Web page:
A young woman from Whalley has shared her inspiring story of how watching the Women’s Euros from the hospital bed helped her overcome her anorexia.

Maddie Blackburn, 23, started playing football when she was six years old.

At nine, she was selected as a striker to play at Blackburn Rovers Centre of Excellence and then moved to Burnley FC a few years later.

At 16, Maddie joined the Bolton under 17s team but quit the sport shortly after, due to being smaller than the other footballers and feeling like she couldn’t compete.

Lancashire Telegraph: Maddie Blackburn for playing for Blackburn Rovers FC U10sMaddie Blackburn for playing for Blackburn Rovers FC U10s (Image: Maddie Blackburn)

Maddie said she was always wary of what she eat, but this worsened during the pandemic.

She said: “The lockdown made me feel out of control, and the only thing I felt I could control was my eating.

“My mum was a key worker so I was alone in the house a lot which meant I would over exercise and under-eat.”

When she started losing a lot of weight, Maddie’s mum took her to the doctor and she was admitted to Cheadle Royal Hospital’s eating disorder unit when she was 19.

Maddie was in hospital for six months during the lockdown. She said: “I was shocked because it all happened so quickly.

"The first few months I was in, I was only allowed to see mum through window for about 10 minutes because of covid restrictions.

"That took its toll on me because I was trapped somewhere you couldn’t leave.”

Her battle with anorexia persisted and she relapsed after the initial discharge.

It was during her second stay in the hospital that Maddie found solace and inspiration in the Women's European Championships in 2022.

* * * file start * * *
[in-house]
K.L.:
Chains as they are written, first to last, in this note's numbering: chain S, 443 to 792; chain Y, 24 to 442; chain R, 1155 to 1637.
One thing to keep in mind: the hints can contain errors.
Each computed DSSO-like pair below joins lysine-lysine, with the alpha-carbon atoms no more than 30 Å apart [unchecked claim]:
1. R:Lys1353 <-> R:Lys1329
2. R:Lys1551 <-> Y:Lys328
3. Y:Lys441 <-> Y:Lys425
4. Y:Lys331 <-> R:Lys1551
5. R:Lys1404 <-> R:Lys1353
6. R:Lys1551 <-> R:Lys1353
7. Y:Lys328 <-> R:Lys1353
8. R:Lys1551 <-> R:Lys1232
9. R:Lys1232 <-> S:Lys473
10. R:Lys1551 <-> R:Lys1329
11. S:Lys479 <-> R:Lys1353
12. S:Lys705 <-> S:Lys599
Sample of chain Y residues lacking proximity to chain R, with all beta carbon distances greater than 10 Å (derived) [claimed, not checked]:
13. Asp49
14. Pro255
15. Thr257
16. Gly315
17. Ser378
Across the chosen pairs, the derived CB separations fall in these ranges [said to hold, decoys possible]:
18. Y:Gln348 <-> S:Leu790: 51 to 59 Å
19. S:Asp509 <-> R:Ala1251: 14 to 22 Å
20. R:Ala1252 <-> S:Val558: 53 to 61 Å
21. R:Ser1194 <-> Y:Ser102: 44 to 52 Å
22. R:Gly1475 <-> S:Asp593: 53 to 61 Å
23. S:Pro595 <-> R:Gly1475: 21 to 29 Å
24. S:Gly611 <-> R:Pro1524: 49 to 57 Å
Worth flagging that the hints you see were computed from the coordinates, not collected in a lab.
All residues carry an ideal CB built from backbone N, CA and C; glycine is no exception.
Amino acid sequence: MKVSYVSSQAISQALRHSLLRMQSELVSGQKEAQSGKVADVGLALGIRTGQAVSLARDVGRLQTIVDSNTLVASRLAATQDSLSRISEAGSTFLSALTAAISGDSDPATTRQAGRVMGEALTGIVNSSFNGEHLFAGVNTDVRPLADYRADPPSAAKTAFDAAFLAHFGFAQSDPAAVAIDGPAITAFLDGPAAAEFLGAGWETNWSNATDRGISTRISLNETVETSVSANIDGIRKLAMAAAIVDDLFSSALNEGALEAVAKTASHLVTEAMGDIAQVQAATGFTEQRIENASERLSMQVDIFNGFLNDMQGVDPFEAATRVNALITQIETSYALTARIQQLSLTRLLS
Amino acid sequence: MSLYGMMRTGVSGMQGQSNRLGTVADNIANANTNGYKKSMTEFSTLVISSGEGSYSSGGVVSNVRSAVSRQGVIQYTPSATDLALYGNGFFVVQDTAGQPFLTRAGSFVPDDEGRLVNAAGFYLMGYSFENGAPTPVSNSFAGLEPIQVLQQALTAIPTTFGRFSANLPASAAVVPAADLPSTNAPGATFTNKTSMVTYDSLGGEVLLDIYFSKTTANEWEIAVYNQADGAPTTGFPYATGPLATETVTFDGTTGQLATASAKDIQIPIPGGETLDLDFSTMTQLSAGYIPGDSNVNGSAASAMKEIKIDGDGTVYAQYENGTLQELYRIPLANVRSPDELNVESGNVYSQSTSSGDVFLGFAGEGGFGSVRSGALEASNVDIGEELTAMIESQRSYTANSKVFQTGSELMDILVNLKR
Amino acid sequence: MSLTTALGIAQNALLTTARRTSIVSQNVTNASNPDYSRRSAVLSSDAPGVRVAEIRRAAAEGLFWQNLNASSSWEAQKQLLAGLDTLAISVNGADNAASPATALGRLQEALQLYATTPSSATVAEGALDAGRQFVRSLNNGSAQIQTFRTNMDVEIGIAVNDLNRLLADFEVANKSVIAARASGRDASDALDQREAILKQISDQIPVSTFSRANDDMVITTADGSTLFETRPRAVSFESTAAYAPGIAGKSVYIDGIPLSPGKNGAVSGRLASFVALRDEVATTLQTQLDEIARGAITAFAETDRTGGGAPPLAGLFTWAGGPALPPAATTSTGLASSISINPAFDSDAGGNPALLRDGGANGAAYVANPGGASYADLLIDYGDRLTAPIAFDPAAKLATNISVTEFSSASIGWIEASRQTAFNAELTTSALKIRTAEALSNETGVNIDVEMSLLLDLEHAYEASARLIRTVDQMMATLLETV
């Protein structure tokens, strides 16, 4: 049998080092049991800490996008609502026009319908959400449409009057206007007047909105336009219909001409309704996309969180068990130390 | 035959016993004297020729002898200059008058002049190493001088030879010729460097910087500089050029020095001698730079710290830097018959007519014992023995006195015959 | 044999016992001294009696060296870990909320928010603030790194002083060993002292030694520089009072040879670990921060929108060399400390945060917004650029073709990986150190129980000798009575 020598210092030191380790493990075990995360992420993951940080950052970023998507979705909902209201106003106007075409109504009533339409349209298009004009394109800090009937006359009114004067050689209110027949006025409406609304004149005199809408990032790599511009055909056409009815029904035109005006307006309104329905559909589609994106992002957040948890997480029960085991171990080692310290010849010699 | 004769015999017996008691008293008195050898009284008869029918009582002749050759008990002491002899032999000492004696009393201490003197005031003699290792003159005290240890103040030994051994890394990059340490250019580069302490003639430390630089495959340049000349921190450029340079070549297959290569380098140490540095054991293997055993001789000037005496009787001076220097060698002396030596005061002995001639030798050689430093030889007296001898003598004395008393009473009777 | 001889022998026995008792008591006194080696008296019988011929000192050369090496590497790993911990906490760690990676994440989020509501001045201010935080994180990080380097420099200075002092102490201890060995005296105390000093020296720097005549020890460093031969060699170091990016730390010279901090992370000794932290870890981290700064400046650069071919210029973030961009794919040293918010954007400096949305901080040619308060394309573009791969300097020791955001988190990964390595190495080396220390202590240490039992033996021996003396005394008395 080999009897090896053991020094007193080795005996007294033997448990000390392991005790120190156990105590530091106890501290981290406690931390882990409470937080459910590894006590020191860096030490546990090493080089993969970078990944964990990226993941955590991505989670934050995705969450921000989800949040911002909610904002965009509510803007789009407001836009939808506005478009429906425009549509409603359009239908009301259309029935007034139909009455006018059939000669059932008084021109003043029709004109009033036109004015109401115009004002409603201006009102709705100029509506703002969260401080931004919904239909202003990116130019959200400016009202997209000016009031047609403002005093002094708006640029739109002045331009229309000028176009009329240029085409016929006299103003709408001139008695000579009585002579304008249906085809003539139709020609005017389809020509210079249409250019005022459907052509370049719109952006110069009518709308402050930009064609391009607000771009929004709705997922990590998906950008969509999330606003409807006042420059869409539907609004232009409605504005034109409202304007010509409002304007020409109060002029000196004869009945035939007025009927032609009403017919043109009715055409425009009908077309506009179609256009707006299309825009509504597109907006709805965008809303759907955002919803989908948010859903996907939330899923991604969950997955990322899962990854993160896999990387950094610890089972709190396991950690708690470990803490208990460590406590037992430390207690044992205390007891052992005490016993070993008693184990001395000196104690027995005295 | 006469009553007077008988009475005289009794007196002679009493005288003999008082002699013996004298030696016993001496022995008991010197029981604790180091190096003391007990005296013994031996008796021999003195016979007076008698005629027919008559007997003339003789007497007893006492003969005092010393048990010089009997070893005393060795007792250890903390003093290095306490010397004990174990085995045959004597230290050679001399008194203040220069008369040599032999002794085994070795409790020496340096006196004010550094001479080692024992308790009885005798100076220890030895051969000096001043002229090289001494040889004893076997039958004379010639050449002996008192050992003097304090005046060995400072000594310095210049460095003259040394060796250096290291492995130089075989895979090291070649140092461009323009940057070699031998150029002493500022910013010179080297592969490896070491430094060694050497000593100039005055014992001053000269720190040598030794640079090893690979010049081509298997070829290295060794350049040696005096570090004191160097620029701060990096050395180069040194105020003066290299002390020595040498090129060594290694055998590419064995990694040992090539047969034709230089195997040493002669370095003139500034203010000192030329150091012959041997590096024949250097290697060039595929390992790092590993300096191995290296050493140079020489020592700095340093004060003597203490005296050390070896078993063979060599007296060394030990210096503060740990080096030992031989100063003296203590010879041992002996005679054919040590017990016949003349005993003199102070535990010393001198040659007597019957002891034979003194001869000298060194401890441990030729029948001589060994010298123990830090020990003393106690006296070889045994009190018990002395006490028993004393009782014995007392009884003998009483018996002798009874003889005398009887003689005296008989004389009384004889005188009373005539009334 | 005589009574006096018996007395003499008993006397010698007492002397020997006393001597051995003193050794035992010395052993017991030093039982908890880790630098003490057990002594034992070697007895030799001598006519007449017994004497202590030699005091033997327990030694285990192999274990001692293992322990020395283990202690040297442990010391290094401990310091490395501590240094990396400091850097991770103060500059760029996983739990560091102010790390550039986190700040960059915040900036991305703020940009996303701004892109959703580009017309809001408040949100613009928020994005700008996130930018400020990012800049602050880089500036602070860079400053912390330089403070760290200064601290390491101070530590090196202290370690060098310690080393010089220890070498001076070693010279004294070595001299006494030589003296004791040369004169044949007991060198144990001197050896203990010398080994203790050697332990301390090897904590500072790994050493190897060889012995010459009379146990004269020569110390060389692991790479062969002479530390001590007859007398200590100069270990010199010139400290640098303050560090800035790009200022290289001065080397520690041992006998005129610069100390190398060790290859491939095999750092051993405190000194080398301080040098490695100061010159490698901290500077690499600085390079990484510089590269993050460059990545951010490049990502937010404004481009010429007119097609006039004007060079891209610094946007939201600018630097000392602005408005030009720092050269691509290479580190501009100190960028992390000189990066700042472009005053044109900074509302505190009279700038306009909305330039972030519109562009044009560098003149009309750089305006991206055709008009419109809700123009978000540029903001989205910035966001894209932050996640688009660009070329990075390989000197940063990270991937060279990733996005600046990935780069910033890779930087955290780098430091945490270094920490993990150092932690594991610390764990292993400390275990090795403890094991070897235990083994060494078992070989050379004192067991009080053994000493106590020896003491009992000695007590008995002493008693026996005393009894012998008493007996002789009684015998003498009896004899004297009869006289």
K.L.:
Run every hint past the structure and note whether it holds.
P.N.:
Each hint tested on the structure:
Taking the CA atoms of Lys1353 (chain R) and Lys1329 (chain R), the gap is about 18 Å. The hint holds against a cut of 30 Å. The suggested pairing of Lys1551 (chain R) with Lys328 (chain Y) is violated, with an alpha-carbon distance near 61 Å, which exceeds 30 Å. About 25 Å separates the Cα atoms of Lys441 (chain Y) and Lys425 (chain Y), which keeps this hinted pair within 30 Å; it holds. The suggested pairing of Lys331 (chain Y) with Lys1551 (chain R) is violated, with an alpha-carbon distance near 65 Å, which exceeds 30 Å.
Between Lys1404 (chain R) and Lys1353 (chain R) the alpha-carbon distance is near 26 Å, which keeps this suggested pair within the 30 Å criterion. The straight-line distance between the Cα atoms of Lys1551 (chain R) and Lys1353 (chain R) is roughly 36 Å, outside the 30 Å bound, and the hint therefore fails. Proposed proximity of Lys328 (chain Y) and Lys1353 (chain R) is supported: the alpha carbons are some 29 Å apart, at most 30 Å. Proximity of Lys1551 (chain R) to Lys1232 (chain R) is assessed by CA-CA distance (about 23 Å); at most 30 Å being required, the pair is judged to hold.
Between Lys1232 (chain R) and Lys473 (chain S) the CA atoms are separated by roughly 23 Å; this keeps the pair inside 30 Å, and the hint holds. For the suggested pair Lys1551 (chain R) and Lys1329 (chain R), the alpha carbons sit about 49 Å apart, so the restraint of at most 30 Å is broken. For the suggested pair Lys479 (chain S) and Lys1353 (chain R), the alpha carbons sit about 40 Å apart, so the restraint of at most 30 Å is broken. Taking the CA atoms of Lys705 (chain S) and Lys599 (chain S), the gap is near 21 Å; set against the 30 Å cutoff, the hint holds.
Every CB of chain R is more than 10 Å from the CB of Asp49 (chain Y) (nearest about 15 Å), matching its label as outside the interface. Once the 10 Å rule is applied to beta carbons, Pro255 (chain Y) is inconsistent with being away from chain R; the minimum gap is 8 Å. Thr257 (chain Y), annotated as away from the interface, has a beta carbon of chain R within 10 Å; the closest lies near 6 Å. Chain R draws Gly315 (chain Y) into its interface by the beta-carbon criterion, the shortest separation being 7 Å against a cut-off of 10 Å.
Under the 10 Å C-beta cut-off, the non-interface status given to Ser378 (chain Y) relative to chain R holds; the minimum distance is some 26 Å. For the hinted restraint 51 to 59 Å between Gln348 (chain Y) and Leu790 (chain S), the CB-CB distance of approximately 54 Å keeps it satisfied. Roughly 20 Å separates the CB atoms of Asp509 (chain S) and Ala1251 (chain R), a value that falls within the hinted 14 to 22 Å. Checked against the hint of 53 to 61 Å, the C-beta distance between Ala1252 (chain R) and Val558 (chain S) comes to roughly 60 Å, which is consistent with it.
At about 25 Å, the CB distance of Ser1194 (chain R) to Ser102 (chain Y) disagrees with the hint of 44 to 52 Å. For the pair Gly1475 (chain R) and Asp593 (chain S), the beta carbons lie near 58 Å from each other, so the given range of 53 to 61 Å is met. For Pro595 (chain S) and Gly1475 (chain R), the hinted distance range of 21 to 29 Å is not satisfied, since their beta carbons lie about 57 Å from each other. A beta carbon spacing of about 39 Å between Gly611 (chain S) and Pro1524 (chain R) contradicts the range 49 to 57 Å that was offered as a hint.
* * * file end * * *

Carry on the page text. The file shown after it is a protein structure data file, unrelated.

England's Lionesses stormed to glory in the final at Wembley, winning the nation's first major trophy since 1966.

Describing the life-changing moment, Maddie said: “I was very ill when I was watching the Euros.

"I didn’t really understand what was going on but watching the Lionesses made me so proud that women’s football was starting to get the recognition it deserves.

“It wasn’t really a big thing when I was younger so it was just incredible to watch. That's when I decided I wanted things to change, I wanted to get better and play again. It was like a switch in my brain.

“The Lionesses have helped me regain my health and return to the pitch. Football is a powerful sport and the Lionesses have touched lives far beyond the pitch.”

Witnessing England star Alessia Russo talk about reaching a ‘low point’ in her relationship with food also helped Maddie.

The star striker opened up earlier this year about battles with 'wanting to be skinny' and the impact it had on her performance, and how she learned to embrace the need to eat enough food and 'wanting to be strong' instead.

She said: “Alessia Russo opened up about food and body image in lockdown, and even she said she couldn’t compete after lockdown.

“I think it’s missed a lot how mental health can affect the game. After I heard about her story, I thought if she can open up and I can, people should also open up."

Maddie has applied to study sports science at university and has recently just started training again.

She said: “My goal is to eventually play at the level I was a few years ago. I’ve still got some weight to gain but I’m in a way better position that I was last year.”

A spokesperson for the Lionesses: “We’re grateful to Maddie for sharing her story and pleased to hear she is better and enjoying playing football again.

“We’re proud of our achievements on the pitch but it’s stories like this, which really inspire us.

"To make a positive impact on people’s lives is the most powerful thing you can hope to do.

“We wish Maddie the very best on her football journey and hope her strength and resilience, and the courage to talk openly also encourages others going through a difficult time to seek support.”